Georgia Bids Farewell to Soviet Arms

Publication: Eurasia Daily Monitor Volume: 18 Issue: 92


Georgia’s Defense Minister Juansher Burtchuladze reported to parliament on May 13 that his country would start producing American M4 assault rifles and unmanned aerial vehicles (UAVs) in 2022. According to his statement, negotiations are underway with South African, Polish and Israeli companies on joint production of unmanned aerial vehicles, with the first drones produced early next year (EkhoKavkaza, May 13).

Shortly after the announcement, on May 19, the ministry of defense and an undisclosed Israeli company signed a memorandum on the joint production of M4 rifles. The Georgian military production enterprise Delta will manufacture the American weapons (MoD Facebook, May 19). Delta is the military research center under the ministry of defense, which used to produce light armaments for the Georgian-made “Didgori” armored personnel carriers (, October 8, 2020).

By the end of this year, Georgia will also receive a modernized air defense system from the Israeli company Rafael. According to the defense minister, Georgia already has French air traffic surveillance radar systems, a mobile command post and Mistral-3 missiles (, May 13). After years of attempts to eliminate its Soviet and Russian-made weapons, Georgia is now intensively re-equipping its army exclusively with American and other Western-produced weapons.

It is noteworthy that Georgia is an exception among the former republics of the USSR, as it almost did not receive its share of weapons from the former Soviet army. The country mainly inherited scrap metal in the form of obsolete weapons and Georgia’s military experienced a shortage of high-quality weapons. For a long time, Western countries refrained from supplying weapons to Georgia so as not to irritate Russia. Although intensive rearmament is associated with Georgia’s aspirations to join NATO, Tbilisi does not have the financial potential without assistance from NATO allies to help modernize its arsenal.

After the terrorist attacks on September 11, 2001, as part of its anti-terrorism campaign, the US started its Train and Equip Program (GTEP) for the Georgian army ( It was the first tangible program of military assistance but Washington hesitated to re-equip Georgia with American weapons. Although several Georgian military units were trained according to American standards, the Georgian military was armed again with Kalashnikov rifles and Soviet-made grenade launchers instead of American weapons.

The only US contribution to Georgia at the time was ten old and obsolete military transport helicopters, UH-1 Iroquois, of which only six could fly and four were transferred for spare parts. However, at Moscow’s request (as Georgia was still part of the CIS and the region was still considered Russia’s “backyard”), Georgia received these helicopters without machine guns and on the condition that they would not be used to restore the territorial integrity of the country or for any military attack.

Since that time, Georgia has become a US strategic partner, especially after the Rose Revolution in 2003. American-Georgian relations, including in the military sphere, became much closer. The unofficial ban on the transfer of American weapons to Georgia has been gradually abolished. For the first time, American light weapons appeared in the Georgian army on the eve of the August 2008 Georgian-Russian war. On the initiative of the authorities, headed by pro-American President Mikheil Saakashvili, the first large batch of American M4 assault rifles was delivered to Tbilisi. However, as the war started shortly thereafter, the Georgian army did not have time to use them against the invading Russian forces.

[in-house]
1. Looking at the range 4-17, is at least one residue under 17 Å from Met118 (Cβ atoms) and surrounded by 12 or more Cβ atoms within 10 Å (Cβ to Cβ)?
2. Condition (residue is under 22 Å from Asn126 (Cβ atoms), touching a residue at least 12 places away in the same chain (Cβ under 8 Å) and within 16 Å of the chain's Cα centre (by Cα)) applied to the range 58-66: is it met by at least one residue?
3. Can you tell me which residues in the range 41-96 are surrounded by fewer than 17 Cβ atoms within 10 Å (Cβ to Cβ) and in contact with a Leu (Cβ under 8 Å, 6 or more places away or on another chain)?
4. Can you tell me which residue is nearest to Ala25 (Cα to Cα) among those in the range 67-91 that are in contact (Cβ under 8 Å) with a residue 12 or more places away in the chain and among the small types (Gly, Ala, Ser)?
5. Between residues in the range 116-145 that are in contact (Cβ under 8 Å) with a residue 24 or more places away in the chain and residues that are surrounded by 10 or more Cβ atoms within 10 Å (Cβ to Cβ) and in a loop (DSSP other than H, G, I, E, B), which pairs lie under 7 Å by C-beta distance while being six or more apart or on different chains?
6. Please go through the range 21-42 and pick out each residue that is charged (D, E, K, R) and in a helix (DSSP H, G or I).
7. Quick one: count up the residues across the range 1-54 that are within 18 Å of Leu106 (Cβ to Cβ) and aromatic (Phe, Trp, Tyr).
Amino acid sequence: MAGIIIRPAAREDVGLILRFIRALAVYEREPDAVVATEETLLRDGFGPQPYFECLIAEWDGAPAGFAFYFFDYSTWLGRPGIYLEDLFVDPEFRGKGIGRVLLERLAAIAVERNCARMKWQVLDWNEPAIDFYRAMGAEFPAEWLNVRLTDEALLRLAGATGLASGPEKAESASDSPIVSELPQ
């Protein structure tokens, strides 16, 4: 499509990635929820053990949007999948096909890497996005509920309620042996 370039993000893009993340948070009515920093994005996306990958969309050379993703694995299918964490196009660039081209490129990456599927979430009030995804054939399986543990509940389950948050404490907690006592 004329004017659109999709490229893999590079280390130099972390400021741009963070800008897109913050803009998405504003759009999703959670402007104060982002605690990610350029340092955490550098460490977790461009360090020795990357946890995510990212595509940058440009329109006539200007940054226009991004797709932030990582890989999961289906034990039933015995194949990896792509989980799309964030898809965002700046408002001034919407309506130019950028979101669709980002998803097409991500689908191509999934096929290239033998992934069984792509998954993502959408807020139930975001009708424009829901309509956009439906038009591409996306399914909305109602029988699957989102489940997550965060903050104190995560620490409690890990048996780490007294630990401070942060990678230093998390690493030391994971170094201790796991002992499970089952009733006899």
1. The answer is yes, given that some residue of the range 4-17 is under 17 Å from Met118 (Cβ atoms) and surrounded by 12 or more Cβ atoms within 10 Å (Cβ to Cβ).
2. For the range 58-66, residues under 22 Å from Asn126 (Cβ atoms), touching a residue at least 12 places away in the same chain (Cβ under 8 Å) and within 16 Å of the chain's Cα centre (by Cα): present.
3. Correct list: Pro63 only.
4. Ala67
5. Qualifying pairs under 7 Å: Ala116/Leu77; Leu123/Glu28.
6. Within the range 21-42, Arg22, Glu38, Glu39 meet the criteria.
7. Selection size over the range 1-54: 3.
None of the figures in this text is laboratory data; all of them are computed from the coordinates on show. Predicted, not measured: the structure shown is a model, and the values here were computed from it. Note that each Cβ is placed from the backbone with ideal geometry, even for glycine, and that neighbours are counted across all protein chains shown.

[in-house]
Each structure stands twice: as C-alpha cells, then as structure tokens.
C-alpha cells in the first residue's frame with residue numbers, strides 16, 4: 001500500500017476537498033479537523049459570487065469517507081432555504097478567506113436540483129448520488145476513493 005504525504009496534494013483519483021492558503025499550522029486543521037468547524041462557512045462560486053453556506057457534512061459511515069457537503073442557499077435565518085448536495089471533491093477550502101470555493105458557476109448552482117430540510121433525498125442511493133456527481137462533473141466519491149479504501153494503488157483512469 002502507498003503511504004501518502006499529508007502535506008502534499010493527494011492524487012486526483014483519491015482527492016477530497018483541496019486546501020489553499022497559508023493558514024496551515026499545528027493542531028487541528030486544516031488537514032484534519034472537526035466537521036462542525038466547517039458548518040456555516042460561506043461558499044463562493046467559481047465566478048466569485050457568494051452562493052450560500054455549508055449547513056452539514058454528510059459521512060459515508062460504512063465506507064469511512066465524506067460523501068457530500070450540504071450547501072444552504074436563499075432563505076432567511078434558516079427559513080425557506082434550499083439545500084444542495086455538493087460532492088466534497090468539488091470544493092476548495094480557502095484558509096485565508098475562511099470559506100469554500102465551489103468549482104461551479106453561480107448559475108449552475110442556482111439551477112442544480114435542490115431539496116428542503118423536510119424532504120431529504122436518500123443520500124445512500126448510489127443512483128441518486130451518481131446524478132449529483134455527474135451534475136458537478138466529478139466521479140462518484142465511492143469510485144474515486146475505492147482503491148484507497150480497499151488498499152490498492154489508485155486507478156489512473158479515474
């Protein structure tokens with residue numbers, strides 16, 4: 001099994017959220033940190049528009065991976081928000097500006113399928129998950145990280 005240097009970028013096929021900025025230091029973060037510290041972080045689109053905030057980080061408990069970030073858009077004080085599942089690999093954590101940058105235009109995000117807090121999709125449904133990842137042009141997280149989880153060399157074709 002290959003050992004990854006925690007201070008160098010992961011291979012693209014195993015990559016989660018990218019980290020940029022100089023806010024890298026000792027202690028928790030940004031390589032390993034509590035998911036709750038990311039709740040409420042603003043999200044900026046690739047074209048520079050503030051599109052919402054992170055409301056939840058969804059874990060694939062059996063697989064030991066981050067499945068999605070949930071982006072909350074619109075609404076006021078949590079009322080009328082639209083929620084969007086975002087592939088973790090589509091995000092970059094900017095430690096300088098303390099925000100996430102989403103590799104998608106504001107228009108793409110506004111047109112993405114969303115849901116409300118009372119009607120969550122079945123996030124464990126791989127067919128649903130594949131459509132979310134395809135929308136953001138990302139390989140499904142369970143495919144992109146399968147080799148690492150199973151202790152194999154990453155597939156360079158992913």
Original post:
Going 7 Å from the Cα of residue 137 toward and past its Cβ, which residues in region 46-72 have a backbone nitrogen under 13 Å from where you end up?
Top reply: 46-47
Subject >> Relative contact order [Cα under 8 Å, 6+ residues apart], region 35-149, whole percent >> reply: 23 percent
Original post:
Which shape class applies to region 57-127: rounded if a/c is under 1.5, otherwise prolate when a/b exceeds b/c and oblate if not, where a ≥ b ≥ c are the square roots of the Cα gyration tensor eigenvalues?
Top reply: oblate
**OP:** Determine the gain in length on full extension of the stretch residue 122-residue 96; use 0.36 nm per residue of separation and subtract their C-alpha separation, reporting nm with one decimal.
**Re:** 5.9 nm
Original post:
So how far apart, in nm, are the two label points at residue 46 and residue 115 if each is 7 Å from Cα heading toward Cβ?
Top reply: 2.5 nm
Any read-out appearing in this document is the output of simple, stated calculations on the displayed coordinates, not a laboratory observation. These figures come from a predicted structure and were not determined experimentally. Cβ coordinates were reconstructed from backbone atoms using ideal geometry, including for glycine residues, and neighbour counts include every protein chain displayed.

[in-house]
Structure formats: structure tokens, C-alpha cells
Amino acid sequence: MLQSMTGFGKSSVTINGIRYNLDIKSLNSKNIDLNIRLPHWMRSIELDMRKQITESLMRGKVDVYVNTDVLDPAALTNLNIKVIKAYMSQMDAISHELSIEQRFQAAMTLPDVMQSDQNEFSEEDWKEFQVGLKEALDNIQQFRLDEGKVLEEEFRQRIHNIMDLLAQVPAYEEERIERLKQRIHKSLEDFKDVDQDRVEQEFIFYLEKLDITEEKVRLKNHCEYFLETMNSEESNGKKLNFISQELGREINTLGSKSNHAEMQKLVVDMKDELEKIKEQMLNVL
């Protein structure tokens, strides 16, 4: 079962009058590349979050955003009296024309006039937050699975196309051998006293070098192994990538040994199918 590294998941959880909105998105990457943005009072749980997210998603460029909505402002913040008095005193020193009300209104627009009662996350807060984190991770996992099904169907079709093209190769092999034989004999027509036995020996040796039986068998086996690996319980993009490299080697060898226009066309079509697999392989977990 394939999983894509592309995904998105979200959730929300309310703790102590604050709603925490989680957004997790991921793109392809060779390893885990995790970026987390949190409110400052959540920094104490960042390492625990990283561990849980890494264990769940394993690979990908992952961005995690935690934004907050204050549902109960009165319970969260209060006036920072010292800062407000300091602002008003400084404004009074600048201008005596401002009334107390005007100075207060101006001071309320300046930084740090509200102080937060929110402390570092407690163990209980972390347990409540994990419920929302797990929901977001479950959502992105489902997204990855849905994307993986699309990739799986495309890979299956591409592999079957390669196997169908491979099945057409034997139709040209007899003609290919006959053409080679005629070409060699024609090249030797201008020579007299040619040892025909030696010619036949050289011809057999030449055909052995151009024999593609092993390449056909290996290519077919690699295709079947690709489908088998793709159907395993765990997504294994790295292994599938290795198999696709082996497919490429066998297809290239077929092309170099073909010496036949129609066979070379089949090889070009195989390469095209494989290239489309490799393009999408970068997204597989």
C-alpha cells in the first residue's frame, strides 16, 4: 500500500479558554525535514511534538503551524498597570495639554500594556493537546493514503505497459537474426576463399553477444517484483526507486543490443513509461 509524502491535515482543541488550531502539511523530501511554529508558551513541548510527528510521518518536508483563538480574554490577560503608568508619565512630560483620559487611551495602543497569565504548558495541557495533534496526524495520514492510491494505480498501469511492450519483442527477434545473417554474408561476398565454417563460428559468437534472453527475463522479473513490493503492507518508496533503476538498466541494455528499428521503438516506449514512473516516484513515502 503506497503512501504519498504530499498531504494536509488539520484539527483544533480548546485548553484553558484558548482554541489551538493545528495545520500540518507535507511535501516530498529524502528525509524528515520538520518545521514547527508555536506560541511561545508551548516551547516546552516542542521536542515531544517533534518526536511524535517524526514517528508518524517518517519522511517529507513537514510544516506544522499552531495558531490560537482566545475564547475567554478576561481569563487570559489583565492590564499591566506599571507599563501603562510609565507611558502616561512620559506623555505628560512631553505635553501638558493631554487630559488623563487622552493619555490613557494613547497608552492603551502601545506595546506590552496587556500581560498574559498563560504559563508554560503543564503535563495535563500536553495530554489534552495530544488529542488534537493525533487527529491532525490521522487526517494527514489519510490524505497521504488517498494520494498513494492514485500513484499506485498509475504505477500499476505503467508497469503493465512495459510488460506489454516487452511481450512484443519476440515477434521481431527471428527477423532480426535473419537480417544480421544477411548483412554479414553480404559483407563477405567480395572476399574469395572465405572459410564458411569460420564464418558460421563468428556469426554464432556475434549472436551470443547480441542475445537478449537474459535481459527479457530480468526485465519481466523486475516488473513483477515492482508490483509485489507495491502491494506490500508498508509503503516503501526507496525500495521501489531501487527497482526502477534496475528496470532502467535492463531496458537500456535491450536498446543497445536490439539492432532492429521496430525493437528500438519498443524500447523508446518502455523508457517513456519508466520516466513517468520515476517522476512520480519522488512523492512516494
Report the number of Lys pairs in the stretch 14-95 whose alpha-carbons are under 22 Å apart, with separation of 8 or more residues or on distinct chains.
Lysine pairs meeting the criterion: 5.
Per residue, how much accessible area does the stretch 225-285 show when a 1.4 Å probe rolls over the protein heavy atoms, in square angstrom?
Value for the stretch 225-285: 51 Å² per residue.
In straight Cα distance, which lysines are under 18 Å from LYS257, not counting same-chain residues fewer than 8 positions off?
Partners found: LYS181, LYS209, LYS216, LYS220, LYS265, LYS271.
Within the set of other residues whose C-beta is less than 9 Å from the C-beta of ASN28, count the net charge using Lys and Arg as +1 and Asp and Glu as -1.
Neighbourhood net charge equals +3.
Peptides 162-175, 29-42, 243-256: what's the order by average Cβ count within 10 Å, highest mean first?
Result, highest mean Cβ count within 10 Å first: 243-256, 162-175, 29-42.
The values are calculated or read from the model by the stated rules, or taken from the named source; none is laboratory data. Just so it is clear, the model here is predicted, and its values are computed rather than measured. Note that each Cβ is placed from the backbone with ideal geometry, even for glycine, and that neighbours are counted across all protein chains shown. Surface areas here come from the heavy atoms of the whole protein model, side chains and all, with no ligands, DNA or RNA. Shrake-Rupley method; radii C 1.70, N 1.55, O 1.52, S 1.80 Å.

In the last few years, the rearmament of Georgia with Western, mainly American, weapons has become routine. The main military units—the defense forces, the police forces and border guards—are now armed exclusively with American rifles. Given the country’s modest military budget, it often receives military equipment as a gift from the US. The most recent such military assistance arrived in Georgia in February 2021. Within the framework of $18 million of US support for Georgia, the country received 300 M2 heavy machine guns, M249 light machine guns and MK19 grenade machine guns (, February 28).

It is so important for Georgia to equip its army with American weapons that, despite its economic difficulties, it tries to allocate funds for their purchase. Georgia’s long-time desire to acquire American anti-tank weapons finally became a reality in 2018 when the country was able, for the first time, to buy US Javelin anti-tank systems for $75 million (410 Javelin missiles and 72 launch units) (, June 20, 2018). Tbilisi plans to continue purchasing these weapons. Also, in 2018, Georgia signed a preliminary agreement on purchasing Stinger man-portable air-defense systems from the US (, June 20, 2018).

With the help of Western partners, especially the US, Georgia was able to modernize its army and achieve a level of training of its military personnel comparable to that of NATO countries. The Georgian military has gained enormous experience in Afghanistan during 17 years of participation in NATO missions, where about 22,000 Georgian soldiers took part in NATO operations (,  April 16). However, Georgia still needs a lot of work to equip itself with high-quality weapons and completely free itself from Soviet-Russian scrap metal.